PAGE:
Jan 23, 2024

Best Baby Walkers 2023

The best baby walkers of 2023 look a lot different than the walkers of your childhood. As your baby starts to take those first steps, many parents seek out certain toys with the good intention to help baby reach such a big milestone. But pediatricians and pediatric physical therapists would prefer we avoid purchasing the sit-in, wheeled baby walkers of yesteryear. In fact, the Academy of American Pediatrics (AAP) warns against the wheeled walkers, particularly because they can allow otherwise non-mobile babies to reach hazards in the home and to even fall down stairways, causing injury. All of that said, there are plenty of fun push toys, wagons, baby seats and engaging activity stations that serve as fabulously fun alternative best baby walkers.

The best baby walkers of 2023 are redesigned for safety and toddler ergonomics.

The AAP further suggests play yards, baby seats and even high chairs as places for babies to safely hangout in during playtime. We also recommend a smartly installed baby gate to keep kids from tumbles and dangerous areas.

Some research also suggested that sitting in those baby walkers of yesteryear might have slowed a baby's walking development. Elizabeth Morel, owner of Little Movers PT, a pediatric physical therapy office in Franklin Lakes, New Jersey, isn't surprised by this. "Babies tend to lean to one side in the seat because they have poor core control," she explains. "This usually coincides with the early in-utero preference, and it can lead to even more asymmetry over time," she says, adding that sitting this way puts uneven pressure on babies’ underdeveloped hips. Morel says the best baby walker alternatives are activity tables and bouncers that don't put pressure on baby's core and lower body.

As for push toys, they’re generally OK, too, says Victoria Regan MD, a pediatrician at Children's Memorial Hermann Hospital in Houston, "Using a mobile push toy can be fun for children and is generally safe once they’re able to walk, usually between 9 and 15 months of age," she says. "Again, they should be used with parental supervision."

These best baby walkers and alternatives below meet our experts’ criteria. You might also want to read our stories on the best balance bikes, or the best toys for 9-month-olds, 1-year-olds and 2-year-olds, depending on your child's age.


It isn't cheap, but that's part of what makes this Haba Walker Wagon so special and the best baby walker overall. Its quality craftsmanship extends to every inch of it, ensuring everything on the wooden toy operates smoothly. The rubber wheels are adjustable, allowing parents to control the speed of the walker for their individual child. Its made of beechwood and birchwood and treated with water-based stain, so parents won't worry about toxins. The best part is that this walker encourages open-ended play. There's a little bench on the front of it to place a favorite doll or stuffed animal, and the back of the wagon can also be filled with toys. Reviewers rave about its sturdiness and how much their kids love it—and it racks up the positive ratings at every retailer. It's rated for ages 10 months and up, but parents should use their discretion based on their own child's development.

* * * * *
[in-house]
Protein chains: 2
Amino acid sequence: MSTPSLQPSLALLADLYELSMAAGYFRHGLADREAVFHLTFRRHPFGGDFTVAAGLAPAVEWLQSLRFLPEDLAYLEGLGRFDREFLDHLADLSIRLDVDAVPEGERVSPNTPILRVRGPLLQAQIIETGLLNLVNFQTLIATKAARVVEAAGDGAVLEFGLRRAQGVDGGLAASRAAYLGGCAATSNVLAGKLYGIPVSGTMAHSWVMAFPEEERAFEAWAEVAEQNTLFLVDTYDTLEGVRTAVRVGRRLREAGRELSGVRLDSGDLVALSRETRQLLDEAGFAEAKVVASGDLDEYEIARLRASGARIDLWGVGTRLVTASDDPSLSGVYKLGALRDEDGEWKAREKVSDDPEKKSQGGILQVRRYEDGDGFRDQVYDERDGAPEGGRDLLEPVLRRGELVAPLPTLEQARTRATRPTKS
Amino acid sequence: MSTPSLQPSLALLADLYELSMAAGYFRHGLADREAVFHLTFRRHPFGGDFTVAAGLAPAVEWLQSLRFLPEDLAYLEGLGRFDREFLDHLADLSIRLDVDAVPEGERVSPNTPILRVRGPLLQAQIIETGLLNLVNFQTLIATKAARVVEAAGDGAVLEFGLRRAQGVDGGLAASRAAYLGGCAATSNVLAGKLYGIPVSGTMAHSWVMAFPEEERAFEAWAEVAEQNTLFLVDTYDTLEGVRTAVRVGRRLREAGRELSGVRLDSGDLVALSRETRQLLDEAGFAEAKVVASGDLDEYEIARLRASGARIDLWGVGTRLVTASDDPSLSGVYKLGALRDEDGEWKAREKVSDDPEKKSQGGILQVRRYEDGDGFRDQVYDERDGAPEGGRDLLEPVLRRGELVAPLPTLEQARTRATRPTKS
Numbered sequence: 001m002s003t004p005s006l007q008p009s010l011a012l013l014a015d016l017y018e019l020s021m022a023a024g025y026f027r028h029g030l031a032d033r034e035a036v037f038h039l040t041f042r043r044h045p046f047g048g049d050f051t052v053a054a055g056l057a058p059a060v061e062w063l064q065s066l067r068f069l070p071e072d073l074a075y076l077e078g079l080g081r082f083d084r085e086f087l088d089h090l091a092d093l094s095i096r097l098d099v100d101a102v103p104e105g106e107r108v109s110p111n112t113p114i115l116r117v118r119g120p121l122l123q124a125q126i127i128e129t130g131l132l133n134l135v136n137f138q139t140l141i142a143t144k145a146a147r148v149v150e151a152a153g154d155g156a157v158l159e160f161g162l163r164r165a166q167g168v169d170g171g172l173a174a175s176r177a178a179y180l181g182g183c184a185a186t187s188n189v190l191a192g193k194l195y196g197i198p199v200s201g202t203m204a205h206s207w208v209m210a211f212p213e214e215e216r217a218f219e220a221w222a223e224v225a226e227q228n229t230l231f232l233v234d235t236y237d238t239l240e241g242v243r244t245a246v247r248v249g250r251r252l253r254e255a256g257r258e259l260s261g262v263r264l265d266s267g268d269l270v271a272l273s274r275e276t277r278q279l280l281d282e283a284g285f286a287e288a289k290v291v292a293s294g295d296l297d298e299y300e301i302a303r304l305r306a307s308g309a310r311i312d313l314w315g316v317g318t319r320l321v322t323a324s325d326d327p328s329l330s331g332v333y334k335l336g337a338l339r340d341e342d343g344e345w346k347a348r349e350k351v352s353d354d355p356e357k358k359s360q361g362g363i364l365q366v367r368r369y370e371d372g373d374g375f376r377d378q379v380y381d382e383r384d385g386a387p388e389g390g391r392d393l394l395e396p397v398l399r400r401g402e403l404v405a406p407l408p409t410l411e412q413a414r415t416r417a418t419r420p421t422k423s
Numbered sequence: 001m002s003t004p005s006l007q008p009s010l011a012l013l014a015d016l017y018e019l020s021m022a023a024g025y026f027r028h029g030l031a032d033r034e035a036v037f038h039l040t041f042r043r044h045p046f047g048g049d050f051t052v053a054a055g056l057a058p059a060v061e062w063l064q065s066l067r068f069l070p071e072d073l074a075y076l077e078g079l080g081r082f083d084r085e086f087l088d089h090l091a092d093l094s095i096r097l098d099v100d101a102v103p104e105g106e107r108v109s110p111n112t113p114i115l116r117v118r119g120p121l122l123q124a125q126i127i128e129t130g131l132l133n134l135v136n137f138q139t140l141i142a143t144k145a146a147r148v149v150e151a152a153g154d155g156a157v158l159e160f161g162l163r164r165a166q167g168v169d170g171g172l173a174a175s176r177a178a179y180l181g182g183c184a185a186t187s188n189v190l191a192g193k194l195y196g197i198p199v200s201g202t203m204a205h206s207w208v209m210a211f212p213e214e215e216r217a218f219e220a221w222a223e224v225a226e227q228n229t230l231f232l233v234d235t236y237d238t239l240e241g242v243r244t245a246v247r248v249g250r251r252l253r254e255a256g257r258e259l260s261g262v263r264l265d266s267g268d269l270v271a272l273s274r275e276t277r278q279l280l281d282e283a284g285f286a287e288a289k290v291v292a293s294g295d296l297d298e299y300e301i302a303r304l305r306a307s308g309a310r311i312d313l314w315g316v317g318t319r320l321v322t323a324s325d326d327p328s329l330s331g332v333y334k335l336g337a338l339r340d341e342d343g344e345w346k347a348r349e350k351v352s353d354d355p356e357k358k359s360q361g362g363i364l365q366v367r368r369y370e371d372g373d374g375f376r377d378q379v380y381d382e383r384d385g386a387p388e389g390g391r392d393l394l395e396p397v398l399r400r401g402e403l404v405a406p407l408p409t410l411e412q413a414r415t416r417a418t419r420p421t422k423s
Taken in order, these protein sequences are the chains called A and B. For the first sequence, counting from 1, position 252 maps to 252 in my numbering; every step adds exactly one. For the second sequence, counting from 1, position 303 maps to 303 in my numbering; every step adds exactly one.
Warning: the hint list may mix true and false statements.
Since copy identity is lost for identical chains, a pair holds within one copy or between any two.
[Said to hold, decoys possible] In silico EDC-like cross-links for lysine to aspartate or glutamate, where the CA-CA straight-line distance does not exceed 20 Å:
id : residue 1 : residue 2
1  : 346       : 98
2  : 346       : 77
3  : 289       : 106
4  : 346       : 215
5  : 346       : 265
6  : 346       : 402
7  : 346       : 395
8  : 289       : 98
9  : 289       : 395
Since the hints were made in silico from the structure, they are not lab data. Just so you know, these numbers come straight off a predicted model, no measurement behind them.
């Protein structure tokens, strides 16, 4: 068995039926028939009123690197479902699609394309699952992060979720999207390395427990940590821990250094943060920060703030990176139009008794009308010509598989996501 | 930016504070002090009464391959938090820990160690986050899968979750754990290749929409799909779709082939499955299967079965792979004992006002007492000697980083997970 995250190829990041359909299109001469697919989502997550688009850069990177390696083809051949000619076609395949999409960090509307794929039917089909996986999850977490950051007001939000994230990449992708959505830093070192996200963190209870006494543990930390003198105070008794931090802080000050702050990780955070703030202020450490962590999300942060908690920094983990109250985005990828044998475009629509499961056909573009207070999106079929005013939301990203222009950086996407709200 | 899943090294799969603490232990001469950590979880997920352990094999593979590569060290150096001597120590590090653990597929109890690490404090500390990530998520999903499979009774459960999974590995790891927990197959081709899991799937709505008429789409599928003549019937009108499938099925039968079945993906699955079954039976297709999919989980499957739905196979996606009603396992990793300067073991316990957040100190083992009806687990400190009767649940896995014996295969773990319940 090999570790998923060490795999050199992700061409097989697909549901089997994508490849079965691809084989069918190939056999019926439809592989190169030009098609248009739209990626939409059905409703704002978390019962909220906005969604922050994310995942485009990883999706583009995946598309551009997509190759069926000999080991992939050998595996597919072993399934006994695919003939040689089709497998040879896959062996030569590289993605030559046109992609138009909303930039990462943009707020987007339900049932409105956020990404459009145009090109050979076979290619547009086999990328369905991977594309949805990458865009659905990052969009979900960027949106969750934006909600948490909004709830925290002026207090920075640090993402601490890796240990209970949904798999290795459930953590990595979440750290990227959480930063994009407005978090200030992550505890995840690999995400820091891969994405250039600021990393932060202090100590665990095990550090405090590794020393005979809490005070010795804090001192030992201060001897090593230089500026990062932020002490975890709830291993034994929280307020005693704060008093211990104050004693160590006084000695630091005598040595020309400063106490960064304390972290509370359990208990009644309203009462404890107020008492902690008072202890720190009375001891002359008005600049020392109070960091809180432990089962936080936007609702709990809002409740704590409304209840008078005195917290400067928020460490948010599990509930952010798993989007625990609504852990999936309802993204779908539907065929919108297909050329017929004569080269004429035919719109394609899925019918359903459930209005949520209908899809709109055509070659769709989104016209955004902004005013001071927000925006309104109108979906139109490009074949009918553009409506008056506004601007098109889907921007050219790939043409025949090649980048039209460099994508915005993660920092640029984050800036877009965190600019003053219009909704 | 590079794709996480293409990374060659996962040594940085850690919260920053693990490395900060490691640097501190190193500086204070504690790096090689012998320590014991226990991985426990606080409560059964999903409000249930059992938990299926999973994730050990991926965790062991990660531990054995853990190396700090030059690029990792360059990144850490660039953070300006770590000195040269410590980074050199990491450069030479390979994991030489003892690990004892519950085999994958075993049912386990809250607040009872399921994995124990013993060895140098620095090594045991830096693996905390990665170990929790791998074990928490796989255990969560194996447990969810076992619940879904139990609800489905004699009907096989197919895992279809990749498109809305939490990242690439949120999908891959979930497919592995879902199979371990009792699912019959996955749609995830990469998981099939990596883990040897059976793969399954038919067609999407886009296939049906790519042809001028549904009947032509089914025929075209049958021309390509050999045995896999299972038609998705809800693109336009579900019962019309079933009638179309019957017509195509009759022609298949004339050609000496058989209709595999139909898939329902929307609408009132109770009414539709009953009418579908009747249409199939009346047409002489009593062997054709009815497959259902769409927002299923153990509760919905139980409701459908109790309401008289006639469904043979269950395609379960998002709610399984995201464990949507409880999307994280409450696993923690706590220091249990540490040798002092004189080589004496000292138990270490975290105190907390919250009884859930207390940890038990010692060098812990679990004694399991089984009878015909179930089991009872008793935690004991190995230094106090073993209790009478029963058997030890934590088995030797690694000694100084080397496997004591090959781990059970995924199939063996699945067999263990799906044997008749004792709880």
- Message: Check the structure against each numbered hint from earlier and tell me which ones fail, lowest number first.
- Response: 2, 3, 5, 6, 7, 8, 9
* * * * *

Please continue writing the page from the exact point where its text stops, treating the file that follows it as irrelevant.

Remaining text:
This C-suite may not have an executive chair, but it does have an interactive laptop (for learning shapes and animals), a phone (for practicing first words) and a globe that plays greetings and songs from around the world. We love that this activity table is fully bilingual in English and Spanish and arrives with the necessary batteries. It's lightweight and affordable plastic. We do like its lower stature and that the top is removable, allowing parents to place it onto the floor as a busy board for tots who aren't pulling up to stand just yet. It has a 4.8 out of 5 stars rating on Amazon among about 6,000 reviews.


There's room for up to four kids to blast off around this intricately detailed wooden activity center. The outer-space-themed toys include beads you push along wires, glider toys that move along the "floor," a spring-loaded moon, a moving solar panel, doors to open and spinners to spin. It has a lot to offer older kids as well, so it's great for a pair of siblings to share. Babies can play as soon as they’re a year old or can stand at it unassisted. It is heavy (14-plus pounds) but not meant to aid a child pulling up to stand.


This old-school push toy, designed to be used by babies 18 months and older who are already walking, meets another of Regan's key criteria: giving little ones a clear view of where they’re headed. "Make sure the child can see and that the handle they will be using does not obstruct their view," she advises. Some push toys have an activity board on front; they’re cute, but that can make it difficult to see obstacles kids can bump into and trip. This Tender Leaf Toys wagon is nice and low at 16 inches tall, with a low cargo bin and open handle frame. We imagine kids will appreciate the cheerful included block set, as well as using the wagon for additional games.


This vivid wooden activity table is Morel's pick as an alternative to baby walkers. Its jungle-themed toys include elephant gears to crank, a snake tube to spin, toucans shapes to slide, butterfly wings to open and shut, and a leopard to turn—all of which help refine motor skills and hand-eye coordination. Parents may also appreciate that it doesn't make any noise or require batteries. Your child can start playing with it when she can sit supported in your lap. ‘That's usually around five months or so," Morel says. In general, if you’re looking for an activity table for a small baby, buy one that's short—but not too short—so your baby can keep her back straight and chin level while reaching for the toys, she says.